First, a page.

Carole Cook Of The Incredible Mr. Limpet, Sixteen Candles, And Broadway Fame Dies At 98

The famed star of stage and screen, Carole Cook, has died of heart failure at the age of 98. Born Mildred Francis Cook, the actor was given the stage name Carole by her longtime friend and mentor Lucille Ball (who got the name from another friend, Carole Lombard) and it stuck for her entire 60-year career.

Starting in the late 1950s, Cook was a staple on television, appearing on shows like "U.S. Marshalls," "The Lucy Show," "The Many Loves of Dobie Gillis," "McMillan & Wife," "Maude," "Baretta," "Charlie's Angels," "Kojak," "The Love Boat," "Murder, She Wrote," "Grey's Anatomy," and "Dynasty," to name but a small sampling of her credits list.

She was almost as prolific on the stage as she was on television, appearing in a ton of big-name shows. She notably was the second actor to fill in for the role of Dolly Levi in "Hello, Dolly!" after Carol Channing and appeared in shows on and off Broadway from 1956-2006. She played Maggie Jones in "42nd Street," Lalume in "Kismet," and Evie in "Stop the World — I Want to Get Off." 

Born in Texas, Cook never lost that Lone Star Gal state of mind

Her appearances in movies is where I mostly know her work. She had a small but memorable part as one of Molly Ringwald's grandmothers in "Sixteen Candles," and absolutely destroys every time she's on the screen. Her delivery of "Fred, she's gotten her boobies" will always get a laugh out of me, no matter what mood I'm in while watching this movie. You'll also remember this scene ends with her going in for a handful, much to Ringwald's dismay, and it's a credit to Cook's playful performance that the scene comes off as funny and not insanely creepy. Okay, a little creepy, but funny creepy.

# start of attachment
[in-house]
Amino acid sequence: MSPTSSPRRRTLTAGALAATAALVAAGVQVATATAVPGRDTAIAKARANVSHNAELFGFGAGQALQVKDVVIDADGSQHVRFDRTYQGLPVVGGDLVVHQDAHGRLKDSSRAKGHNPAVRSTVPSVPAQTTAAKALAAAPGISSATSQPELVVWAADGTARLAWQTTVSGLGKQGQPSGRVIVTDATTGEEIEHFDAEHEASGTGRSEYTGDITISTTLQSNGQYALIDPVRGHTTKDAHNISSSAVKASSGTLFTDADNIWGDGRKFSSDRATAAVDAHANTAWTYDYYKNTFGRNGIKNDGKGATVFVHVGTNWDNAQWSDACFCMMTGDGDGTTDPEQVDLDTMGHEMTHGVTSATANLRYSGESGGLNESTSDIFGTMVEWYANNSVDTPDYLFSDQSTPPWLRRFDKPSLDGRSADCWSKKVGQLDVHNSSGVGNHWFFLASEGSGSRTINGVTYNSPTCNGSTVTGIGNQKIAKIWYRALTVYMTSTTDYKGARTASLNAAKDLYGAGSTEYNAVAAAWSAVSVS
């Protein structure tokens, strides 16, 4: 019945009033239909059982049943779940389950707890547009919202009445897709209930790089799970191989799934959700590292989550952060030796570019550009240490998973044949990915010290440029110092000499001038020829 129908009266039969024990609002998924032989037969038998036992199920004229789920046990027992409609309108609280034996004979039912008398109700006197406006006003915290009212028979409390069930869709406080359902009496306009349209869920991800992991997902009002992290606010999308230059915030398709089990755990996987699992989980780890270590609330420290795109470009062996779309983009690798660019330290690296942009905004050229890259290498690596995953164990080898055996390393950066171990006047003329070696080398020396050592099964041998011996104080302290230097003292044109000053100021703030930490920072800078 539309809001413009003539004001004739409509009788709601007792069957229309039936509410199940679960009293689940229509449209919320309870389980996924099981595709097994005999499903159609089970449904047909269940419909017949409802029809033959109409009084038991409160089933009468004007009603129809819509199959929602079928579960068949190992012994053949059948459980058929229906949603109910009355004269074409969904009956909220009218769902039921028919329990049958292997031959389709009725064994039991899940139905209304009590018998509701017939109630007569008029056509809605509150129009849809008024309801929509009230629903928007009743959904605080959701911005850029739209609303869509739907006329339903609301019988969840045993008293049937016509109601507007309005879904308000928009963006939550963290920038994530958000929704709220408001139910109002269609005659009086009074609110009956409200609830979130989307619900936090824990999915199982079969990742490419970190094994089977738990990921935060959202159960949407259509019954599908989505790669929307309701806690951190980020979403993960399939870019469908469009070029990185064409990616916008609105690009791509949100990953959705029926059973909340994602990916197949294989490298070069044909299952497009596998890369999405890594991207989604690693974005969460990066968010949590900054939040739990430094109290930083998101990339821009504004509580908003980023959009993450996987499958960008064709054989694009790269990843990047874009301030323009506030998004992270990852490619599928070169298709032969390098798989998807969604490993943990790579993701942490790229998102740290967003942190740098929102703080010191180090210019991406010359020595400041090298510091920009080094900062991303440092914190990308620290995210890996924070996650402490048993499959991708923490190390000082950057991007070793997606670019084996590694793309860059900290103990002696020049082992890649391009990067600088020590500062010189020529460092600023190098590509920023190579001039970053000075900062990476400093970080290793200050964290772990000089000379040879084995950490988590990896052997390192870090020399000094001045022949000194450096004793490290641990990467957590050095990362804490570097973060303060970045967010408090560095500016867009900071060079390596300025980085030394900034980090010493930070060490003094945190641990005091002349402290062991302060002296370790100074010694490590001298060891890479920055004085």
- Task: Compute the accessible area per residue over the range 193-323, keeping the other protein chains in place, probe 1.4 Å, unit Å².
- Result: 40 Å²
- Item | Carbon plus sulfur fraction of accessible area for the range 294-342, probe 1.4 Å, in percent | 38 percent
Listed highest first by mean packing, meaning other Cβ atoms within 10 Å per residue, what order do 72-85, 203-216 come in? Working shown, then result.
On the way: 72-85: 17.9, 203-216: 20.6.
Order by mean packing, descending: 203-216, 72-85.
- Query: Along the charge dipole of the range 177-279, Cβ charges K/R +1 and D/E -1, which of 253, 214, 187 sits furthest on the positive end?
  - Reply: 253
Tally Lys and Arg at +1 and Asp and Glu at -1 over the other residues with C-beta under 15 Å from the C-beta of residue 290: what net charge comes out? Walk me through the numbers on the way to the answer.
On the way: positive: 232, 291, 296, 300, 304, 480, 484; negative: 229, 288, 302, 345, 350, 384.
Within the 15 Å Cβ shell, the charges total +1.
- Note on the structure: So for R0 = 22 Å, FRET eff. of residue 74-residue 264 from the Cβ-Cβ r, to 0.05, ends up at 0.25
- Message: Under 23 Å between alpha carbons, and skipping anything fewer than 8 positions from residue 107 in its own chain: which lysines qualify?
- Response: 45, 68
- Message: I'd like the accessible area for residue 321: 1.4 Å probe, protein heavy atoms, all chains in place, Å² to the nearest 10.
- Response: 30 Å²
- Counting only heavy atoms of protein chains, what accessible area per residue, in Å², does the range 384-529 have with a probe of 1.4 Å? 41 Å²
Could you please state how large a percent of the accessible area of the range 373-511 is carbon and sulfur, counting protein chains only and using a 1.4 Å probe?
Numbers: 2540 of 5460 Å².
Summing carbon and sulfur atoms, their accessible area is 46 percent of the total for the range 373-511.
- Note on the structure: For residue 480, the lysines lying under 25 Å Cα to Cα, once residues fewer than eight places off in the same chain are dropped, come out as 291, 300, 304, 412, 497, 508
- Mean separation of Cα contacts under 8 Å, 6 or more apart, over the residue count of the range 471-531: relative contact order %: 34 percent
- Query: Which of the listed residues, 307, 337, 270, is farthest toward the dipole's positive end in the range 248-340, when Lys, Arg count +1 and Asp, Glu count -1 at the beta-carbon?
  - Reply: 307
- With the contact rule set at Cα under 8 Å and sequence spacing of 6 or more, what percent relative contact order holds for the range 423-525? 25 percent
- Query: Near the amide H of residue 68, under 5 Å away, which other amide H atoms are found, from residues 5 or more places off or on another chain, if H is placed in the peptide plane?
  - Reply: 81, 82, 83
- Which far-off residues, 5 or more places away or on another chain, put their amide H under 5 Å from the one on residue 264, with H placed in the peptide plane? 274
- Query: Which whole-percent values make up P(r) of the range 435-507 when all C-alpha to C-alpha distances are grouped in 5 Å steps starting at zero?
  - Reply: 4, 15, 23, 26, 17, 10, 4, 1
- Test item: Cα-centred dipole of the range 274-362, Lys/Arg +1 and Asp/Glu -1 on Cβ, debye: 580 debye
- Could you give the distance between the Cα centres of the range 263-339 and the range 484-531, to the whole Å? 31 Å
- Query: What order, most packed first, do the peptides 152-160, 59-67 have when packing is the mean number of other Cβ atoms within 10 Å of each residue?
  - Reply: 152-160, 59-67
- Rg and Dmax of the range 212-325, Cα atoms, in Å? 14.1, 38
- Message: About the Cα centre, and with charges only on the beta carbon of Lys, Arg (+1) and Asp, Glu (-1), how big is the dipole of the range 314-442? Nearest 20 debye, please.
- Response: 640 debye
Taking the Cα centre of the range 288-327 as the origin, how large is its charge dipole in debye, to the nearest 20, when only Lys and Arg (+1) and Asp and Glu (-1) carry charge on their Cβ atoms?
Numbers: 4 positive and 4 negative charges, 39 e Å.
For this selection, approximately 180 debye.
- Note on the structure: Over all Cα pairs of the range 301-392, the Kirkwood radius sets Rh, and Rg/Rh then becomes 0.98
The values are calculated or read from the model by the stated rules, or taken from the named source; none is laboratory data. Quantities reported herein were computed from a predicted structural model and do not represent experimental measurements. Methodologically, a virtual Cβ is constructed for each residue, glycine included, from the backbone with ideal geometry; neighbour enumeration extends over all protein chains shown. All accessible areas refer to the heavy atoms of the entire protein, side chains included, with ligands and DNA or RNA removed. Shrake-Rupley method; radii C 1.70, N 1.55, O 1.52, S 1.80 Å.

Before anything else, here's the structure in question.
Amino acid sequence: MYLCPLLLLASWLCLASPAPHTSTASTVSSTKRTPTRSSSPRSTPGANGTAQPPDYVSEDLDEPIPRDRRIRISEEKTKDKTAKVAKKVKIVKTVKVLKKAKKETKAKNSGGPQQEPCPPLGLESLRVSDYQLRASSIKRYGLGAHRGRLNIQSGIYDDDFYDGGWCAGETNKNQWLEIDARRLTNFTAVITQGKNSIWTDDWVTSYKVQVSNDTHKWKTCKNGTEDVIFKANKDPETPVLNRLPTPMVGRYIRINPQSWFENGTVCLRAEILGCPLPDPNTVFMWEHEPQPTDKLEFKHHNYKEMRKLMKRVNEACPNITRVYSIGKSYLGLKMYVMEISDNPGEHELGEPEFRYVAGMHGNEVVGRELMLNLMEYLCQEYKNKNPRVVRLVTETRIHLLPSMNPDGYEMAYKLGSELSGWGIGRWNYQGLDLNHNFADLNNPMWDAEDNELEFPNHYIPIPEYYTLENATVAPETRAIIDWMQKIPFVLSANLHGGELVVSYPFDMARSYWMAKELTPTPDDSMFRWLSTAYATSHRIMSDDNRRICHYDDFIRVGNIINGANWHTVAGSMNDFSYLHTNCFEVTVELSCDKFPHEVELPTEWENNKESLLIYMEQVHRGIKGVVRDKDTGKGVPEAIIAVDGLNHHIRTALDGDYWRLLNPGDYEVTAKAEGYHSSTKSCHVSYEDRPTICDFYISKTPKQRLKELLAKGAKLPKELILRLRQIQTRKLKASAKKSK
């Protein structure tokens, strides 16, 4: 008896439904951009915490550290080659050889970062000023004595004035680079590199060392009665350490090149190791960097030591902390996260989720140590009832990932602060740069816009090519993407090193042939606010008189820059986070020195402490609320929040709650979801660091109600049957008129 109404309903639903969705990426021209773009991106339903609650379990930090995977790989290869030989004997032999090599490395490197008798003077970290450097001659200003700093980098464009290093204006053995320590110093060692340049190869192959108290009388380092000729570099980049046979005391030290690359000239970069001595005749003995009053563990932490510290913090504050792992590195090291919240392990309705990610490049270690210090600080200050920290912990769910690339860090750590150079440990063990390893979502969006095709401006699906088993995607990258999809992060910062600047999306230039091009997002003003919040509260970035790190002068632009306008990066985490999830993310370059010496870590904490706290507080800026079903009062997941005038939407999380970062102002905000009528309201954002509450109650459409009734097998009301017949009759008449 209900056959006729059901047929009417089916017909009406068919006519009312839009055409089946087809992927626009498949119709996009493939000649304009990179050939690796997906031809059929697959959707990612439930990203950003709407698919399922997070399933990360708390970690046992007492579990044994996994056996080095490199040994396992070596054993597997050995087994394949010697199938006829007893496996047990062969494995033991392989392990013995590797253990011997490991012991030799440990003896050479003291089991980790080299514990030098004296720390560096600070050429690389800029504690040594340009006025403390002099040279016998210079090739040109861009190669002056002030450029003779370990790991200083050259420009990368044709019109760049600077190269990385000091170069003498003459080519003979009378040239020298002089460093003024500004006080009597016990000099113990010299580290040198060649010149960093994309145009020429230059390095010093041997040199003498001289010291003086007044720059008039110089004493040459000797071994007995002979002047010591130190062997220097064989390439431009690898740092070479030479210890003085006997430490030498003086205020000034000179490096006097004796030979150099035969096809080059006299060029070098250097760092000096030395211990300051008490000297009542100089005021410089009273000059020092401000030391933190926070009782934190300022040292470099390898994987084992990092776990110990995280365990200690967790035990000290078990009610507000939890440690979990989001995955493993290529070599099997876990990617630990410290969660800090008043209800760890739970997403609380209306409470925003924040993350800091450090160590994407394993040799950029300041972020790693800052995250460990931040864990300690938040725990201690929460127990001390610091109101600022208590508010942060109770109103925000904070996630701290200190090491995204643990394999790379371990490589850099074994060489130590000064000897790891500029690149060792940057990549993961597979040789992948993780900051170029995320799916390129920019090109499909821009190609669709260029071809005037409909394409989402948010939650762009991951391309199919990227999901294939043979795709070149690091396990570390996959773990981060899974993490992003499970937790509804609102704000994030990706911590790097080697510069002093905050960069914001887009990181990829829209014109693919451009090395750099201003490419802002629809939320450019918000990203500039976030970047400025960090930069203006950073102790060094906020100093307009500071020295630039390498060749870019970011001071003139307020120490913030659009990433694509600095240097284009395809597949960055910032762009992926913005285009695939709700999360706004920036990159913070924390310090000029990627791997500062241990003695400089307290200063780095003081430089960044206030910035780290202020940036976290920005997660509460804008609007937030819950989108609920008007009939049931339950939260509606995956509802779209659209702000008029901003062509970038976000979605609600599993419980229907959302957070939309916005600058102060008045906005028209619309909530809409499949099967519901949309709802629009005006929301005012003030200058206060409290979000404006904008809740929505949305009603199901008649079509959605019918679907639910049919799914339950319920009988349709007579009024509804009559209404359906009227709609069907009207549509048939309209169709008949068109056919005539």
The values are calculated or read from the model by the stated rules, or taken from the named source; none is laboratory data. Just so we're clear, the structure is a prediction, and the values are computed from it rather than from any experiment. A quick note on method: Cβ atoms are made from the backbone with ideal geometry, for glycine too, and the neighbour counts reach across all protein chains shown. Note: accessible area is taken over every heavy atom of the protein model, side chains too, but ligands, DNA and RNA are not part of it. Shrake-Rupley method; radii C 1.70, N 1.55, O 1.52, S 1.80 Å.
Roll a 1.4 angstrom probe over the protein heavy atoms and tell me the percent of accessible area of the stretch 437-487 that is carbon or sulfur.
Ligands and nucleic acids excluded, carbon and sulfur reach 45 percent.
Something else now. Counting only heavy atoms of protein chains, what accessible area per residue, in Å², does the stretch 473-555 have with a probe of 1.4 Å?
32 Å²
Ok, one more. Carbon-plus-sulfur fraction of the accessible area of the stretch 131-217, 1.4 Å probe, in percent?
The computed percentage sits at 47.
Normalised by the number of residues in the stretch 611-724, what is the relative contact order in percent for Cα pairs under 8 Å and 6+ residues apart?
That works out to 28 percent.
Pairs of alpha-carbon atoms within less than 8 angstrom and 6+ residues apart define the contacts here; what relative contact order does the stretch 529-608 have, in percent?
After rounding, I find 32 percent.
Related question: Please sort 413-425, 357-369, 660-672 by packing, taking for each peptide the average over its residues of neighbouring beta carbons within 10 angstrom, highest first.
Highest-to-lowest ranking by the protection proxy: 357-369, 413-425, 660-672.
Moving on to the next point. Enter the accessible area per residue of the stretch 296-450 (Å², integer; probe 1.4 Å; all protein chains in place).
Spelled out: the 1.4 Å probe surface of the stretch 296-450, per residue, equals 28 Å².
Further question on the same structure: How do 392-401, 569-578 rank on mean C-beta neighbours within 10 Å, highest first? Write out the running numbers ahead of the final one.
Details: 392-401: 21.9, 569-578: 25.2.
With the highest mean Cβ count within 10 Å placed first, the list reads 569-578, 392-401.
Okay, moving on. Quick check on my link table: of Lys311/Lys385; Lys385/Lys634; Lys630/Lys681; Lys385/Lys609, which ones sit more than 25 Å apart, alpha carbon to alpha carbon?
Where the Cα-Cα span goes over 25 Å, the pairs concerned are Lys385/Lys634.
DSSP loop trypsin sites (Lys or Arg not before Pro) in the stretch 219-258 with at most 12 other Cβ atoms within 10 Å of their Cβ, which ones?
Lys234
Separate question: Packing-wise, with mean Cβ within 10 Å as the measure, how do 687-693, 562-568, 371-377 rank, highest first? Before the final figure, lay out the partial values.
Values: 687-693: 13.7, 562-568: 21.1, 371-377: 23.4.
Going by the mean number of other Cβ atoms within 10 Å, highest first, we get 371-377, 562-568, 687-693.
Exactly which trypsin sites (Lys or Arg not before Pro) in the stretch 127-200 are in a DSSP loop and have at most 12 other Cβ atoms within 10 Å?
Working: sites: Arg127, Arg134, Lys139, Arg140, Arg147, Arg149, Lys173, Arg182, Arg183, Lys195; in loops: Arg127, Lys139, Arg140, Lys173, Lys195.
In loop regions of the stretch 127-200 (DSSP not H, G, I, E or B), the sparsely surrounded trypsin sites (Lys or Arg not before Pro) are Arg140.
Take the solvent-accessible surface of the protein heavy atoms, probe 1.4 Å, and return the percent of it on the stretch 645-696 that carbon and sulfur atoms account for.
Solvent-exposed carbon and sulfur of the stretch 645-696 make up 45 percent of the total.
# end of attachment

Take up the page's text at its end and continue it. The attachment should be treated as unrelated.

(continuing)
'80s kids will remember her from "Grandview, USA," and '80s adults would have clocked her in "American Gigolo." Or maybe some '80s kids watched Richard Gere as a sex worker too. It was a wild, unregulated time to be a child, so who knows? Cook also appeared as Don Knotts's wife in "The Incredible Mr. Limpet," which was a foundational movie for me growing up. 

The thing about Carole Cook is she always brought everything to her roles, letting her own natural spunk and sass shine through, traits that would still garner her attention even as recently as 2018 when she got into a bit of trouble for suggesting to TMZ that it wouldn't be such a bad thing if President Donald Trump was assassinated. "Where is John Wilkes Booth when you need him?" she quipped. 

It was a joke that was taken extremely seriously by the right, to the point that she was even visited by the Secret Service to make sure this 94-year-old woman wasn't a real threat to the President. 

Cook's life and career took her through many different eras of show business and she excelled at it all. They don't make 'em like her anymore and she will be missed.